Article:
In a case of resistor compositions with medium sheet resistances, conduction incorporates both tunnelling through glass barriers and metallic conduction. Change of barrier resistance results in decreasing resistance values that is being succeeded by increasing resistance values caused by alterations on macro‐structural level analogous to ones observed in low sheet resistance compositions.
In the case of high sheet resistance resistor compositions, small conducting/isolating phase ratio determines dominant conducting mechanism‐tunnelling through glass barriers. This small volume fraction of conducting phase leads to pronounced micro‐structure changes, changing barrier resistances and causing significant resistance decrease. Gauge factor changes show an increase with the applied straining as well as noise index values. Experimental results for relative resistance, gauge factor changes and noise index for simultaneously mechanically and electrically strained 100 kΩ/sq thick‐film resistors are given in Figure 10.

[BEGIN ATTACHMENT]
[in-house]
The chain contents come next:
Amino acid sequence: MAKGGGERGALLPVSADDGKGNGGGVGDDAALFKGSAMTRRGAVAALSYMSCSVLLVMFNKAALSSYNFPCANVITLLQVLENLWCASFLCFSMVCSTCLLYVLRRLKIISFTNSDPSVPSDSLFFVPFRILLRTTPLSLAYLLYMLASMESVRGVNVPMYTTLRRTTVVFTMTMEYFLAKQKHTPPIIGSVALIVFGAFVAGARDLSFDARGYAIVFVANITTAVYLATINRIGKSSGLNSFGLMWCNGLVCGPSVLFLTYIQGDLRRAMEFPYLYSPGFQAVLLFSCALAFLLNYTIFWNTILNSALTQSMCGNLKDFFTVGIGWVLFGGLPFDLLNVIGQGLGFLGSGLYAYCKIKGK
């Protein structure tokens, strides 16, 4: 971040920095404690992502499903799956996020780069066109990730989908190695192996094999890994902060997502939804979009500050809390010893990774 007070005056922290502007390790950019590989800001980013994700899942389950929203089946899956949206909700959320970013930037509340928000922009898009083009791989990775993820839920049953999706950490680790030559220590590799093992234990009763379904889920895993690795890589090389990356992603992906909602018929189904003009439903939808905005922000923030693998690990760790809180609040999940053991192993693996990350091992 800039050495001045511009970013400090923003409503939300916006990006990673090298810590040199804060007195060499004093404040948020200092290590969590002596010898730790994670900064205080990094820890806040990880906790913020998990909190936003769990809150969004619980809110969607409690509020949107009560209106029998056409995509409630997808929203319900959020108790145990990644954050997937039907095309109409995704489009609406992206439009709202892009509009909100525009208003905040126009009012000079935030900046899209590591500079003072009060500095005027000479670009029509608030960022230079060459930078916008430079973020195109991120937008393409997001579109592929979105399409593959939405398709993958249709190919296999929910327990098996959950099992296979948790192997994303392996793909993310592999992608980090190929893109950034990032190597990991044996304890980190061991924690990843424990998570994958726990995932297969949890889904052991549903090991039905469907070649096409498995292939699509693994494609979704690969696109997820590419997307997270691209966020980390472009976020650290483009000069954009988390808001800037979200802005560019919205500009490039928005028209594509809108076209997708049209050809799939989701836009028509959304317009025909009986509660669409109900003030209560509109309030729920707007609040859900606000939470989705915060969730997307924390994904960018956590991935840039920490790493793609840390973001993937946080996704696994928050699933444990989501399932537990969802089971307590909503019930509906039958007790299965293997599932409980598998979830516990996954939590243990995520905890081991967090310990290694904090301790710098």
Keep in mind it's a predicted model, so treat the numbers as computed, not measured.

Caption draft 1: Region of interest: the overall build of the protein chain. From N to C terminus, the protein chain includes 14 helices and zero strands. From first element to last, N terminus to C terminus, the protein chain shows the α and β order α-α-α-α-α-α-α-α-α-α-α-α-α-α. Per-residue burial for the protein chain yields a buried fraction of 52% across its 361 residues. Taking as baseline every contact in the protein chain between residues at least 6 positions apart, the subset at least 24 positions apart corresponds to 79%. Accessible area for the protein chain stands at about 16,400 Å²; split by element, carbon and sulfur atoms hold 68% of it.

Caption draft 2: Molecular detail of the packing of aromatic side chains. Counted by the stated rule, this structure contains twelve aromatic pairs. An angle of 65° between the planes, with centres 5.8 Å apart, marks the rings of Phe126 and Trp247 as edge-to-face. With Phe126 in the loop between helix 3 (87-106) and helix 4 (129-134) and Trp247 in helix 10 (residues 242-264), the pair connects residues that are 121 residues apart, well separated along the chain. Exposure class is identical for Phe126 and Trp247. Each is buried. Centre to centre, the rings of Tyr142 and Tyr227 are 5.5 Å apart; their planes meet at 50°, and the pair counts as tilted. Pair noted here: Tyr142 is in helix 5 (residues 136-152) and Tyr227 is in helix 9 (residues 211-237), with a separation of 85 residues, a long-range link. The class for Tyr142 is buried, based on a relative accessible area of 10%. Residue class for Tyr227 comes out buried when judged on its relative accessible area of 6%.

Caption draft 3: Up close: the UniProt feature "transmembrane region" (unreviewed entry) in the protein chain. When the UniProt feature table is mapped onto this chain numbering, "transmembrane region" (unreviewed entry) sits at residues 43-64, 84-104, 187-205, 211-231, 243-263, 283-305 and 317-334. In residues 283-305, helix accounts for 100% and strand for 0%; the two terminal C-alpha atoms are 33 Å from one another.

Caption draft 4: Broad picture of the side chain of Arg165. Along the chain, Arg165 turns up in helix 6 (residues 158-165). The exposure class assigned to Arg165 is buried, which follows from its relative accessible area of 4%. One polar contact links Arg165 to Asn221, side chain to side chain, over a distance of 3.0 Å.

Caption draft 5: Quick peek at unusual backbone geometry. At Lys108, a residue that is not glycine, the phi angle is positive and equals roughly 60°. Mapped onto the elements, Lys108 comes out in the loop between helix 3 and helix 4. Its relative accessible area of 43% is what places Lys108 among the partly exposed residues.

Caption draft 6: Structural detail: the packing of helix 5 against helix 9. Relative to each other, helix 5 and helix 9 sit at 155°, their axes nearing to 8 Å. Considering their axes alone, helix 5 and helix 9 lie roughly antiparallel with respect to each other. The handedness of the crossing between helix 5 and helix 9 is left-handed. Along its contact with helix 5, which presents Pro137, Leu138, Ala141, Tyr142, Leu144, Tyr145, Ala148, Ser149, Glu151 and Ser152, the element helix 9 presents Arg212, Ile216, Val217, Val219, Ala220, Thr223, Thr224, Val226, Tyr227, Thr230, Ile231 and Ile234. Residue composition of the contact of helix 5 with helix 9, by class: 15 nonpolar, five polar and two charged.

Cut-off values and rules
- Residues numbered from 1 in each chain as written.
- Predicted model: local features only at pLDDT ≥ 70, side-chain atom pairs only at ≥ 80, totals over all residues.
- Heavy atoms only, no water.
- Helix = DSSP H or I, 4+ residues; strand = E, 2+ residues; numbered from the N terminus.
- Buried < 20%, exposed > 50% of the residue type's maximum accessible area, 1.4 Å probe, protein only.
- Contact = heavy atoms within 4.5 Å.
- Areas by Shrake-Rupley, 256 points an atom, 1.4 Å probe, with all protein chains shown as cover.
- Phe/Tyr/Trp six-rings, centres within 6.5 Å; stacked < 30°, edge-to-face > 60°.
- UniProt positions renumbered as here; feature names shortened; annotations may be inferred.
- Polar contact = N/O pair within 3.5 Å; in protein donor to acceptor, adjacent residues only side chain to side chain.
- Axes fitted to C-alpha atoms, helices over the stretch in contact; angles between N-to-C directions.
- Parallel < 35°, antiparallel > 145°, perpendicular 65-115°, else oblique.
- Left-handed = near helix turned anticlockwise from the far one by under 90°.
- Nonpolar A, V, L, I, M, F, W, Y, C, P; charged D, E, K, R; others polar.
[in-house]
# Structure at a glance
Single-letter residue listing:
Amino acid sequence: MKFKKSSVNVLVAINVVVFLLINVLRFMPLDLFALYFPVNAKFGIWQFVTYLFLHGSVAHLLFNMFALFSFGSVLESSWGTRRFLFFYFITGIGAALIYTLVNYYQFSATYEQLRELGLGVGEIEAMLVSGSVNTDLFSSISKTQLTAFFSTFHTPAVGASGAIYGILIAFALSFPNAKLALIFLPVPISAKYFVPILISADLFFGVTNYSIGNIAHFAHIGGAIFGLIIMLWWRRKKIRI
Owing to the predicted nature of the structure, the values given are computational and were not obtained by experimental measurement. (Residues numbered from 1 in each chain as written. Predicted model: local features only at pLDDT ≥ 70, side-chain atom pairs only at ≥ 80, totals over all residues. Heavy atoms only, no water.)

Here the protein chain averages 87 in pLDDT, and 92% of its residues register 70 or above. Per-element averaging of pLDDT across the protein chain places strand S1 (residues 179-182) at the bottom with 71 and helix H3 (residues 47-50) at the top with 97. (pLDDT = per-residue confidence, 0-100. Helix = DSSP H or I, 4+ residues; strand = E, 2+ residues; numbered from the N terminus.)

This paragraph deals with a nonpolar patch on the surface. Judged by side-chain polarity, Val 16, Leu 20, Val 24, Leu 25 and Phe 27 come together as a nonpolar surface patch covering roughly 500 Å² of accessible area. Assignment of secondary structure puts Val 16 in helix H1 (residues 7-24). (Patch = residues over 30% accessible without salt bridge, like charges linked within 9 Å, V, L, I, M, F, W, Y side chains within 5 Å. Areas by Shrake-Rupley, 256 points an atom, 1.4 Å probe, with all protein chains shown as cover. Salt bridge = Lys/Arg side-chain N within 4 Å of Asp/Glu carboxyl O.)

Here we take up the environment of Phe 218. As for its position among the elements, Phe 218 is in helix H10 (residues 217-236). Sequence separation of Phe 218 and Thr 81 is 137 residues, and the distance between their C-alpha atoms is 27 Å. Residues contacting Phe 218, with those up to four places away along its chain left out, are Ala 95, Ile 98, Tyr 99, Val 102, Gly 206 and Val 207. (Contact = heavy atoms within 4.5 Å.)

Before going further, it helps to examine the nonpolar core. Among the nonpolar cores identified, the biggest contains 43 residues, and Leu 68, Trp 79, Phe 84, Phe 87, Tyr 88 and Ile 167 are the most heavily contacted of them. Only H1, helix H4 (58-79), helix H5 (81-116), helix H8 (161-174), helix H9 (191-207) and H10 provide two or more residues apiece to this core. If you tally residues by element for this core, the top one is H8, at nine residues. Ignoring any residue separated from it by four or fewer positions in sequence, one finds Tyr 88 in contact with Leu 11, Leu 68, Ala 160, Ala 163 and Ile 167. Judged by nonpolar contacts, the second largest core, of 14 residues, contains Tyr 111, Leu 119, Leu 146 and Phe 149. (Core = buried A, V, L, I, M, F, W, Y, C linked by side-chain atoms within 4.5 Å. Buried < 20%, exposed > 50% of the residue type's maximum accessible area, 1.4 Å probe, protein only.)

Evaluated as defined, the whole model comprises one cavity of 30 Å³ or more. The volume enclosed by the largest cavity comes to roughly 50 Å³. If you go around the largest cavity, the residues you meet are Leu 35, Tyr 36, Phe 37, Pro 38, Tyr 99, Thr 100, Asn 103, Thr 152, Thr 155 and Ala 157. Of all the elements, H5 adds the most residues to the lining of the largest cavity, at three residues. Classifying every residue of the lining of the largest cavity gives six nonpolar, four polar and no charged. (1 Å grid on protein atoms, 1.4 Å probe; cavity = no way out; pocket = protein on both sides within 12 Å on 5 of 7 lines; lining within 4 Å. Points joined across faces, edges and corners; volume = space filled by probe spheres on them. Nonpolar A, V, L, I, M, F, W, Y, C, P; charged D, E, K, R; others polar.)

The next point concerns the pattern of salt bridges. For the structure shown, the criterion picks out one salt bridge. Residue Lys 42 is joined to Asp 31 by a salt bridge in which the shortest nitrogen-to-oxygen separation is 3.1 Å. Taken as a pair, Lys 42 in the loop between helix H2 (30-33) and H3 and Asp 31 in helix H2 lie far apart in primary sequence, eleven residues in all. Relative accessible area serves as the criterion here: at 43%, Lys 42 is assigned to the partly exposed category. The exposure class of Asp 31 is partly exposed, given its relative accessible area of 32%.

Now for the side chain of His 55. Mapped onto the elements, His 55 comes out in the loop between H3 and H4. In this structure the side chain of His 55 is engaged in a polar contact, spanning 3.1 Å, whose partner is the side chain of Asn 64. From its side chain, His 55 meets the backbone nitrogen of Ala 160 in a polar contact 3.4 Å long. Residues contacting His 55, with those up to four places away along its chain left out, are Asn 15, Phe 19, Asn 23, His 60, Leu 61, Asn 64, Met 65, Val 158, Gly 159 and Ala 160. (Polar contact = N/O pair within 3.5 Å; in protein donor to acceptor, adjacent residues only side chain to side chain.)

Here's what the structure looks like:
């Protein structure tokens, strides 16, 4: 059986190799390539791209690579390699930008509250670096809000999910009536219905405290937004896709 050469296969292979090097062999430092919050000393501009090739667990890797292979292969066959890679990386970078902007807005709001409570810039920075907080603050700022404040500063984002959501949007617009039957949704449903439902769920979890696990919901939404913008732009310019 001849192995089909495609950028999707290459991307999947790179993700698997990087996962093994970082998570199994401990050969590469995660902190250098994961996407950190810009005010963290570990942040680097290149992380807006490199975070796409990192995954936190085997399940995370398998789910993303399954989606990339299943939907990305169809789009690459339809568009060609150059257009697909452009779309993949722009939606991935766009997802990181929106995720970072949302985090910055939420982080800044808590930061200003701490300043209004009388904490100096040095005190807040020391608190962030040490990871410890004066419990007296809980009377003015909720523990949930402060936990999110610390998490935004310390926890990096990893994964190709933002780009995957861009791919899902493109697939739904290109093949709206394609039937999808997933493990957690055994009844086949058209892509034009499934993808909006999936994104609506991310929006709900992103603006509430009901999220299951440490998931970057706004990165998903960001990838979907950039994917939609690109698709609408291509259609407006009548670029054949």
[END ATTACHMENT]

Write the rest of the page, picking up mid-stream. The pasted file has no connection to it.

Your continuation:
Sources of low‐frequency noise in thick resistive films are correlated to charge transport mechanisms ; metallic conduction is correlated to resistance fluctuations of contact resistivity and particle resistivity and tunnelling through glass barriers is correlated to noise due to modulation of the Nyquist noise and fluctuations induced by existence of traps in insulating layers of MIM units. Figure 11 shows experimental results for current noise spectrum before and after simultaneous electrical and mechanical straining of thick resistive films whose experimental results for relative resistance, gauge factor and noise index changes are given in Figure 9 . Presented data demonstrate that changes on micro‐structural level cause initial resistance decrease. Changes on macro‐structural level have an opposing effect. Initial resistance decrease is being followed by resistance increase, thus reaching the initial resistance value.
In order to fully comprehend effects correlated to a current noise of simultaneously strained thick resistive films, the fitting procedure was implemented based on experimental data presented in Figure 11 and theoretical relation (4). As an illustration, the fitting and experimental results for the curve (4) in Figure 11, together with contributions of different kinds of noise sources in the total current noise spectrum, are given in Figure 12.